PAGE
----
UNSRRIP Presentation to the WCIP Interactive Dialogue
Presentation of the Special Rapporteur on the Rights of Indigenous Peoples, Victoria Tauli-Corpuz, to the WCIP Interactive Dialogue. June 18, 2014, UN Headquarters New York.
For more information, kindly visit www.unsr.vtaulicorpuz.org
COP18: Forests are homes and habitats, not just carbon sinks
COP19: Victoria Tauli-Corpuz on the importance of having indigenous peoples at these talks
Info Clip: The Crucial Role of Indigenous Peoples in Managing Forests
The world's remaining forests are found in indigenous territories. Victoria Tauli-Corpuz discusses the crucial role that indigenous peoples play in ensuring that forests are conserved, sustainably used and managed.
Produced by Tebtebba, August 2012.
REDD+: Traditional Knowledge and Climate Science
Over US$5bn has been committed to REDD Projects in the last few years and promises of many more billions have been made. As of September 2011, the main global REDD database had 480 registered projects in 36 countries amounting to $3.35bn. The vast majority of these projects are on Indigenous lands and/or territories.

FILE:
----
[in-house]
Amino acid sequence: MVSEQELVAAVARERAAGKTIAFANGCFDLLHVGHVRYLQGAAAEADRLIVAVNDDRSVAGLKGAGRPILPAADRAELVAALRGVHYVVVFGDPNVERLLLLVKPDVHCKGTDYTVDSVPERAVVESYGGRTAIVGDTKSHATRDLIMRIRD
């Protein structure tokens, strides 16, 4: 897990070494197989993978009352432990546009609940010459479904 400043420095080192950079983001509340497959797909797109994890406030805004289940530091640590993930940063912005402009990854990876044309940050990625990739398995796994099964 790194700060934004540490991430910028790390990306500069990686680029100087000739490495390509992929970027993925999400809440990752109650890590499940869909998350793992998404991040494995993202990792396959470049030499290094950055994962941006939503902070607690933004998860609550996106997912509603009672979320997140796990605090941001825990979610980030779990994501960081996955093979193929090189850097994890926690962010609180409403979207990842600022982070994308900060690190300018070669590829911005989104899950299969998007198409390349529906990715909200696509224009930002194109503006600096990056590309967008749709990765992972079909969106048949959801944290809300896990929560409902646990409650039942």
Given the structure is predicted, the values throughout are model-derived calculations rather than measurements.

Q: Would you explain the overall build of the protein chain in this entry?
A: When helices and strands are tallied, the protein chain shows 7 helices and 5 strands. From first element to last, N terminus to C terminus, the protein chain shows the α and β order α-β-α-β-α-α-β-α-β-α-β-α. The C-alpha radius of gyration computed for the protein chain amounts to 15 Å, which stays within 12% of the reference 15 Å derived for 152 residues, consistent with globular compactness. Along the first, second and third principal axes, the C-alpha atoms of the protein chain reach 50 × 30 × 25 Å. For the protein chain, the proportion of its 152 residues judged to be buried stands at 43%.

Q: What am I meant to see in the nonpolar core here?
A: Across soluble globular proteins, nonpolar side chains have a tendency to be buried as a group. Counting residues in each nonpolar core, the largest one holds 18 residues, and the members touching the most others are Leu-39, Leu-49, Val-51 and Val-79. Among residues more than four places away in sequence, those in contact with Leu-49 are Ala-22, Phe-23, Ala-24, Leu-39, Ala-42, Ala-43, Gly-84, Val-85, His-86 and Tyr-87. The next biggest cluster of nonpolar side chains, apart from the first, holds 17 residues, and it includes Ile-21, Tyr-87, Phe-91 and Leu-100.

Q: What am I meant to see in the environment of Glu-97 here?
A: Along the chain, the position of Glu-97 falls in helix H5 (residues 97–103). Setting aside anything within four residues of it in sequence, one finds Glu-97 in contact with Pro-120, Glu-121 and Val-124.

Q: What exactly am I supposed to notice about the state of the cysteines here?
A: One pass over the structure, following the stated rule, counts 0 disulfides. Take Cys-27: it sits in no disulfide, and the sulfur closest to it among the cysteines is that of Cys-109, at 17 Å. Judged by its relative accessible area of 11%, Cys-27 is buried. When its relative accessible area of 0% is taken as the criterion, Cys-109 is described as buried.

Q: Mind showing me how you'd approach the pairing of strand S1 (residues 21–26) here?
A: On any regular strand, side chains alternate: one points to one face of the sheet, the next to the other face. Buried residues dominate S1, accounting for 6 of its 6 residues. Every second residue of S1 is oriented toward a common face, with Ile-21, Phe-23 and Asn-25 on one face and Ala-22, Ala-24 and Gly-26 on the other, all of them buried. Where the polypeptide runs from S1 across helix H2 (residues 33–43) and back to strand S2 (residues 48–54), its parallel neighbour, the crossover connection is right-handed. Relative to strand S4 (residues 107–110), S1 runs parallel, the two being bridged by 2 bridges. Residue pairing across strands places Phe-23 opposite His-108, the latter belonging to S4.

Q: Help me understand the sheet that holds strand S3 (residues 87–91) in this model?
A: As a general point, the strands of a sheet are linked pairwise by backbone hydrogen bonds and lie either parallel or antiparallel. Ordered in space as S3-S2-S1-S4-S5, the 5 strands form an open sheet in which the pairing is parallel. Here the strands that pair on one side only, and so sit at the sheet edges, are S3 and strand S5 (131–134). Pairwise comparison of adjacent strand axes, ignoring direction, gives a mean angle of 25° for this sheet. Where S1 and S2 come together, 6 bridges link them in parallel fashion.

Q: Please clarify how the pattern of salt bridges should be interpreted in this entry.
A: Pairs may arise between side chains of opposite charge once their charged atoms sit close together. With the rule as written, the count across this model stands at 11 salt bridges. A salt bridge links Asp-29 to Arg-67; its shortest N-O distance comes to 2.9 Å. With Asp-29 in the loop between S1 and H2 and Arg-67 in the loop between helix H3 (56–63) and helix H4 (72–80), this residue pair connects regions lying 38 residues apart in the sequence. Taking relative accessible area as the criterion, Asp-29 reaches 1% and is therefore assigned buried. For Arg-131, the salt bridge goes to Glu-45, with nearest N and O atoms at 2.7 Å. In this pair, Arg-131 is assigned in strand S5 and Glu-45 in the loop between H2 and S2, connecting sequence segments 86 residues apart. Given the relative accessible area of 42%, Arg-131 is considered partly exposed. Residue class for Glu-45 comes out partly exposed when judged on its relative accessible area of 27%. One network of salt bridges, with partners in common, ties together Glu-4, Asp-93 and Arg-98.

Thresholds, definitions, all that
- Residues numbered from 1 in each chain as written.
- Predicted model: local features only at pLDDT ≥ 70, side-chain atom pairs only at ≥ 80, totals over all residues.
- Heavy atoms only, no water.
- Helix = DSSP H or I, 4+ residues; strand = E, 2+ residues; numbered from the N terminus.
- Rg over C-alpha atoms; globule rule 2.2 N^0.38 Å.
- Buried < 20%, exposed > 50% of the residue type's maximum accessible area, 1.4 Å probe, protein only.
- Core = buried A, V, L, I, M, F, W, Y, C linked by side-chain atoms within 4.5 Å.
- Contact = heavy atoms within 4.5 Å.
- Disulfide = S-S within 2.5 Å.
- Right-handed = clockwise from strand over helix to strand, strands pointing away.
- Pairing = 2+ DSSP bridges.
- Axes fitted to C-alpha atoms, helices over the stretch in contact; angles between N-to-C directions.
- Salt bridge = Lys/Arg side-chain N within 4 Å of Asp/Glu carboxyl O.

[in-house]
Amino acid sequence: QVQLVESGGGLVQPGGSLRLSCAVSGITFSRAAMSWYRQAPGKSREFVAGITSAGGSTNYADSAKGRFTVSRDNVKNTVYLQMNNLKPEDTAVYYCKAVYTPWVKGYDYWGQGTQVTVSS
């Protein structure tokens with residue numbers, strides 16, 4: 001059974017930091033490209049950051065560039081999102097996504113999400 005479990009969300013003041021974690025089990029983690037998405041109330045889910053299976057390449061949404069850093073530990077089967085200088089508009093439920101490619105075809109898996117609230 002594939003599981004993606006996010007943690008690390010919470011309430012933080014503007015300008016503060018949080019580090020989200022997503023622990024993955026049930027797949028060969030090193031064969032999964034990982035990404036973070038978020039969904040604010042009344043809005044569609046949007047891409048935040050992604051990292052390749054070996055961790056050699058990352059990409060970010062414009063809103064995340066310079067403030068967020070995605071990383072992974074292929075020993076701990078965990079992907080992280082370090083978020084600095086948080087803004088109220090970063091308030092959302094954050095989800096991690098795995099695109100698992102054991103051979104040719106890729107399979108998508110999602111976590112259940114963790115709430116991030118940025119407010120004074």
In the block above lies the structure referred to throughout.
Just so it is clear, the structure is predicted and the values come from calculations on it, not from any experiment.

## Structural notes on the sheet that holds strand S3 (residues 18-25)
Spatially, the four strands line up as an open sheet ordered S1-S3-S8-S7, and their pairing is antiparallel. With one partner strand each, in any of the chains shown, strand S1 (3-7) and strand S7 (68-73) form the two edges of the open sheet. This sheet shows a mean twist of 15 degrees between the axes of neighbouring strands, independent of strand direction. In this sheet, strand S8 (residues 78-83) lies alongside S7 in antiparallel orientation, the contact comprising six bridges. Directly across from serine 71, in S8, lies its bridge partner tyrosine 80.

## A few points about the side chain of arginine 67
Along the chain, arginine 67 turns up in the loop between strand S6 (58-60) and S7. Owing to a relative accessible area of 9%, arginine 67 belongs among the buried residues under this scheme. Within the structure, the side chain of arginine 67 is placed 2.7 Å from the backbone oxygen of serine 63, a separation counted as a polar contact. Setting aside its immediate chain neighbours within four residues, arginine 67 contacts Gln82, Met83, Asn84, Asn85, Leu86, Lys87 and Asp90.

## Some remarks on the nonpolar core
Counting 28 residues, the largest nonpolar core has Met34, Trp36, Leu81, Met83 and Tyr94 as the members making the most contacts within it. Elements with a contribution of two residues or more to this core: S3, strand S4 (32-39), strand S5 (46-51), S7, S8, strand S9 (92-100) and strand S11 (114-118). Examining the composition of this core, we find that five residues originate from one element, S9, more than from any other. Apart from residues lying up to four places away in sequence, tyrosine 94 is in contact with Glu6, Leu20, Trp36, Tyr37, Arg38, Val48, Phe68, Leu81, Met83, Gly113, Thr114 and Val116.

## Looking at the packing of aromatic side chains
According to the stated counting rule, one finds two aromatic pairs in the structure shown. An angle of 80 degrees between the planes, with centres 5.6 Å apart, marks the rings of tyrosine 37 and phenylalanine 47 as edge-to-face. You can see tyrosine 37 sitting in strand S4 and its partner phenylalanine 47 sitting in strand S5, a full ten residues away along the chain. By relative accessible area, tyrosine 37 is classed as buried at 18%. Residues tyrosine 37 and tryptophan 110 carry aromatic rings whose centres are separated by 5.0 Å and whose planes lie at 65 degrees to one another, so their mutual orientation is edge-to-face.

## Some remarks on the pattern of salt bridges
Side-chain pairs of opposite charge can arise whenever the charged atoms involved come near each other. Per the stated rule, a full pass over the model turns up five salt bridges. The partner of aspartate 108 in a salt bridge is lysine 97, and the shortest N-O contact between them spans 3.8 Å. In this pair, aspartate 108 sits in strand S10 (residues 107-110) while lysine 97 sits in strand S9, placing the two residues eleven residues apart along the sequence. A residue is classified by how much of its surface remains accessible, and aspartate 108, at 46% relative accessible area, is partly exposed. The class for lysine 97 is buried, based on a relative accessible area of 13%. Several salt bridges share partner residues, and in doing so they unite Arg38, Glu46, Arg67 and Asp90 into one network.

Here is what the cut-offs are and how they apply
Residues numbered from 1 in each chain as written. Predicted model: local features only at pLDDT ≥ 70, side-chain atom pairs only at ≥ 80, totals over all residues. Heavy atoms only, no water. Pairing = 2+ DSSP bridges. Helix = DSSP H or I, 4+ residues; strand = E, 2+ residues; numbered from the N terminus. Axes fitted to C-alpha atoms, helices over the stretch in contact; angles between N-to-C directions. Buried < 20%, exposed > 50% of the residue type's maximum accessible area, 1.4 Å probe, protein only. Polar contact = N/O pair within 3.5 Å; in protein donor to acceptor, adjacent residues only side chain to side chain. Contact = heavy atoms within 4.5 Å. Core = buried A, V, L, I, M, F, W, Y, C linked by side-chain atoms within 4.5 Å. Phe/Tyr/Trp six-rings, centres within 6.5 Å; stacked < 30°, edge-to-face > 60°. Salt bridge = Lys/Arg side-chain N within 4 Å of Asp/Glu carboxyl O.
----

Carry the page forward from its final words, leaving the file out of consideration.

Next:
The scale of the REDD experiment, combined with the lack of relevant experience with REDD+ projects, has meant that projects have confronted considerable problems and delays. A recent global review of REDD+ projects noted that they face many challenges, including: criteria for sustainable forest management, monitoring, reporting and verification (MRV) of greenhouse gas (GHG) emissions, local tenure arrangements, permanence and baseline issues that can be effectively addressed only if local communities are able to properly participate in the REDD+ projects.
The review also found that despite widespread recognition that local ownership is key to REDD+ success, the scope and intensity of their participation has not always been adequate and often there is lack of clarity about their role in implementation.
Film produced by United Nations University.
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